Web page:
A June 2000 Star-Bulletin article explains that the state had handed the land over to the city in 1991 -- several years after the original well had gone out of service -- and residents had big plans for the place. Volunteers had already built the elusive loop trail by the time of the article, and had been planting native plants starting around 1994. A couple of years later the city approved an official master plan for the park, finalized in July 2002 (see also a 2003 environmental assessment for the plan). That doesn't tell us very much about the nature area unfortunately, since the master plan for that part was to just leave it alone other than the existing nature trail. While the lower part of the park was slated to get some neighborhood park-type improvements, only some of which have actually happened so far. Among the things dropped from the finalized plan was a proposed Zen archery range, which would have replaced an existing one somewhere in Kapiolani Park. Strictly speaking it wasn't completely dropped, just moved to a timetable-less "Phase IV" of the comprehensive park plan, which is much more polite and non-confrontational than a simple 'no' would have been. Volunteer enthusiasm naturally ebbs and flows over time, and after that initial burst of urban planning excitement, there's a decade gap in easily-found news items until 2013, when residents were campaigning to close the park at night as it -- specifically the viewpoint part -- had become a late-night party spot. The park closes at 10pm now, so the campaigners may have gotten their rule change. Whether the city actually enforces the closure is, as always, anyone's guess.

For a little alternate history, here's the undated overall map for the proposed Kahala Heights subdivision. When I said this was roughly contemporary to the well, I was going by the earliest date stamps on some plat maps for various pieces of the development. These maps were updated and re-stamped every time anything about the map changed up into the mid-1980s or so when presumably everything was digitized. The future "natural area" portion of the park is shown filled with houses and crossed by a couple of never-built roads labeled simply "Road F" and "Road I", with a bunch of proposed and then canceled parcel numbers X'ed out. The maps also contain a bunch of hyphenated numbers that look like dates, specifically March 3rd of consecutive years from 3-3-13 thru 3-3-22. Those are actually "TMK numbers [2]", part of the state's unique property ID system, and I have to say I'm quite glad I figured that out before posting a whole paragraph trying to guess what was so special about March 3rd, which is something I had in an early draft of this post. The docs show the park as owned by the state, which was true past the point where the county stopped relying on paper maps. I suppose that after statehood in 1959, some poor junior surveyor must have drawn the short straw and had to go through every single map in the office with a pen and a jug of whiteout, manually updating anything that said "Territory of Hawaii" on it.

I did find a handful of random historical items by searching for "Kahala Heights", as that name was once used for the general neighborhood but largely fell out of use several decades ago, at least going by the stuff I can find on the internet easily. As a result, search results are (unusually) not completely swamped by real estate listings. In the present day the neighborhood generally goes by "Wilhelmina Rise", and becomes "Maunalani Heights" a short distance further uphill, per a 2017 Honolulu Magazine piece that explains the difference and drops in a little history of both. Anyway, I can't come up with much of a storyline linking these random historical items together, so I'm going to go with an oldest-to-newest bullet point list and call it even:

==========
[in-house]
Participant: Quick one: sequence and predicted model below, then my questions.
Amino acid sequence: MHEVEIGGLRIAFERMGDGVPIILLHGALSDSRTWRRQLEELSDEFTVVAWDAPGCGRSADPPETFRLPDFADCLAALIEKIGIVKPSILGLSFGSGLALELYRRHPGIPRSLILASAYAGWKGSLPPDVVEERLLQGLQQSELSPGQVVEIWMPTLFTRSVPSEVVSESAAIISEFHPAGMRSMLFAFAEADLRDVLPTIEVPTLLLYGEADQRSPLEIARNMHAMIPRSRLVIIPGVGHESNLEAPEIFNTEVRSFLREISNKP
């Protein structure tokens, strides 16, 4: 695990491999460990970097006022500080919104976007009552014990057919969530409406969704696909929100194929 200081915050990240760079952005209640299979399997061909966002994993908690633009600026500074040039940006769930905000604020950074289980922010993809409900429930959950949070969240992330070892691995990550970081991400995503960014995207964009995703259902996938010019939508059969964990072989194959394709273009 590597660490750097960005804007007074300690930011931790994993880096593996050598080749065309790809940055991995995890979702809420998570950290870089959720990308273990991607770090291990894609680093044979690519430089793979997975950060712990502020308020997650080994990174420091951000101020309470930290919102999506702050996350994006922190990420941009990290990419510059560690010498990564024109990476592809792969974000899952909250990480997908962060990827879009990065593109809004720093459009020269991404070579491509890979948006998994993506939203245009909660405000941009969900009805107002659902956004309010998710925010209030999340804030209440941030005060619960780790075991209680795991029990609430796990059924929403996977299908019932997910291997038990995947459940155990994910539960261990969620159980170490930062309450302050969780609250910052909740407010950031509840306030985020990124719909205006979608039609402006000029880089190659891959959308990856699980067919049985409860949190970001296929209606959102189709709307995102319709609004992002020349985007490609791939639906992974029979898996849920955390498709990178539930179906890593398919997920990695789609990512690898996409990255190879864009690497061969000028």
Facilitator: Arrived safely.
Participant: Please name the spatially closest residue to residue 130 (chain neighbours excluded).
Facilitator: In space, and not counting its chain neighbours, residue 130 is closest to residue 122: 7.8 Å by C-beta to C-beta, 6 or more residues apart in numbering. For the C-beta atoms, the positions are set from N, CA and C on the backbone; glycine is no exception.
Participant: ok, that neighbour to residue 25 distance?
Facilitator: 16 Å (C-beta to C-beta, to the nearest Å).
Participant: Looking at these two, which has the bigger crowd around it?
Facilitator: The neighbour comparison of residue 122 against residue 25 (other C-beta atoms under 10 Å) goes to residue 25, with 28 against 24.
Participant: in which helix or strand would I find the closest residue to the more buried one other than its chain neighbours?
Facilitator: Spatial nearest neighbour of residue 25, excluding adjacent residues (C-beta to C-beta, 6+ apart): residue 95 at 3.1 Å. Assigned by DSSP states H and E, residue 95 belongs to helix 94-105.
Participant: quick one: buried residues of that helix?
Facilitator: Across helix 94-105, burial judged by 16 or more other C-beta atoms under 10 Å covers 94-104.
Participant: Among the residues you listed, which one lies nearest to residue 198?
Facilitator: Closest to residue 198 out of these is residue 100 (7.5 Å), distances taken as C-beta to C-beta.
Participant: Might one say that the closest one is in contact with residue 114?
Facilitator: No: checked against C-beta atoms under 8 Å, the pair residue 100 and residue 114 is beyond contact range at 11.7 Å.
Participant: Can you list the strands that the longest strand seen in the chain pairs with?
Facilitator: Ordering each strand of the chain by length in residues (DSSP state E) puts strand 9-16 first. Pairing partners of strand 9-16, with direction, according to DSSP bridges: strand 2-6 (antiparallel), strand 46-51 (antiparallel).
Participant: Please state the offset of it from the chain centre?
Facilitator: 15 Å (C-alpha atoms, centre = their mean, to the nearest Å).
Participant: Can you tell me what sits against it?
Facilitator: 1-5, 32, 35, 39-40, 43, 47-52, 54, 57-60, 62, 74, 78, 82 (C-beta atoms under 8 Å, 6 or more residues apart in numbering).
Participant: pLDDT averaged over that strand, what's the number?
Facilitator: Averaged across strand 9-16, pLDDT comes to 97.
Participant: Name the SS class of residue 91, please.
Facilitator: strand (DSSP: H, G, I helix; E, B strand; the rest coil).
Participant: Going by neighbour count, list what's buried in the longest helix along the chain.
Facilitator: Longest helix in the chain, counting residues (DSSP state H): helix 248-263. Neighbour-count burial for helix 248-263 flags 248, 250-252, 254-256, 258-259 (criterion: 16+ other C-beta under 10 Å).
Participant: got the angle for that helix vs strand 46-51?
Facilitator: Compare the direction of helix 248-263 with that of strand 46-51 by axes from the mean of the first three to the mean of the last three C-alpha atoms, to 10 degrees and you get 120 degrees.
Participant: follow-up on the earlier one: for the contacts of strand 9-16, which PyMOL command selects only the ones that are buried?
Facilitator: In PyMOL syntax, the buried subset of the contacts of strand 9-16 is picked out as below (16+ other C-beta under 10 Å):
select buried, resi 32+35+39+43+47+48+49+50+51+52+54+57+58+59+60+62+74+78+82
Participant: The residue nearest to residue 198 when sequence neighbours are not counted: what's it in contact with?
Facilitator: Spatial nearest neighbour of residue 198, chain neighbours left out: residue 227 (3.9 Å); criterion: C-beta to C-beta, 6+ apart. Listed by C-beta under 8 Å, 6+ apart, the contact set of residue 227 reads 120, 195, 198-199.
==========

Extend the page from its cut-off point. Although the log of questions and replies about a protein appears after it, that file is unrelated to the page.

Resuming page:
• The neighborhood is mentioned briefly in a biography of John Henry Wilson, whose Wikipedia bio describes him as "a civil engineer, insurgent, co-founder of the Democratic Party of Hawaii, and Mayor of Honolulu, Hawaii three times: from 1920 to 1927, from 1929 to 1931, and from 1946 to 1954." It seems the neighborhood had a small cameo role in the 1928 mayoral election. I don't know the whole story, because it's not included in the free Google Books excerpt of the book, but I gather there was an ongoing controversy about a stone crushing operation somewhere vaguely near Kahala Heights, and local Republicans were trying to make an election issue of it, arguing Wilson wasn't protecting neighborhood children and the local school properly. It turned out that the rock crushing operation was over half a mile from the school, and the people pulling the strings behind this astroturf campaign were snobby rich people in the beachfront Kahala neighborhood, because some things never change, and Wilson ended up regaining the mayor's office that year.
  • Skipping forward to December 7th 1941, a 2016 Star-Advertiser story related a reminiscence from a longtime resident who was 11 when it happened. Confusing news reports were saying that something bad was happening across town at the navy base, so he and some friends hiked uphill somewhere in the the Kahala Heights area to get a better view, and just then a Japanese Zero flew by at about eye level. Not understanding what was going on, the kids waved at the pilot, and he saw them and waved back. A 2013 Orange County Register story related another Zero pilot story from someone else who was from Kahala Heights but saw the plane over in Aiea, much closer to the attack.
  • Brief reference to a 1961 study on doing some urban renewal in the Kaimuki, Maunalani, and Kahala Heights neighborhoods. In a 1962 issue of "Housing and Planning References", a sort of quarterly bibliography of recent studies and publications relating to urban renewal topics nationwide and around the world. This might be what eventually led to the large public housing projects in Palolo Valley next door, which have about the same reputation as midcentury public housing does everywhere else.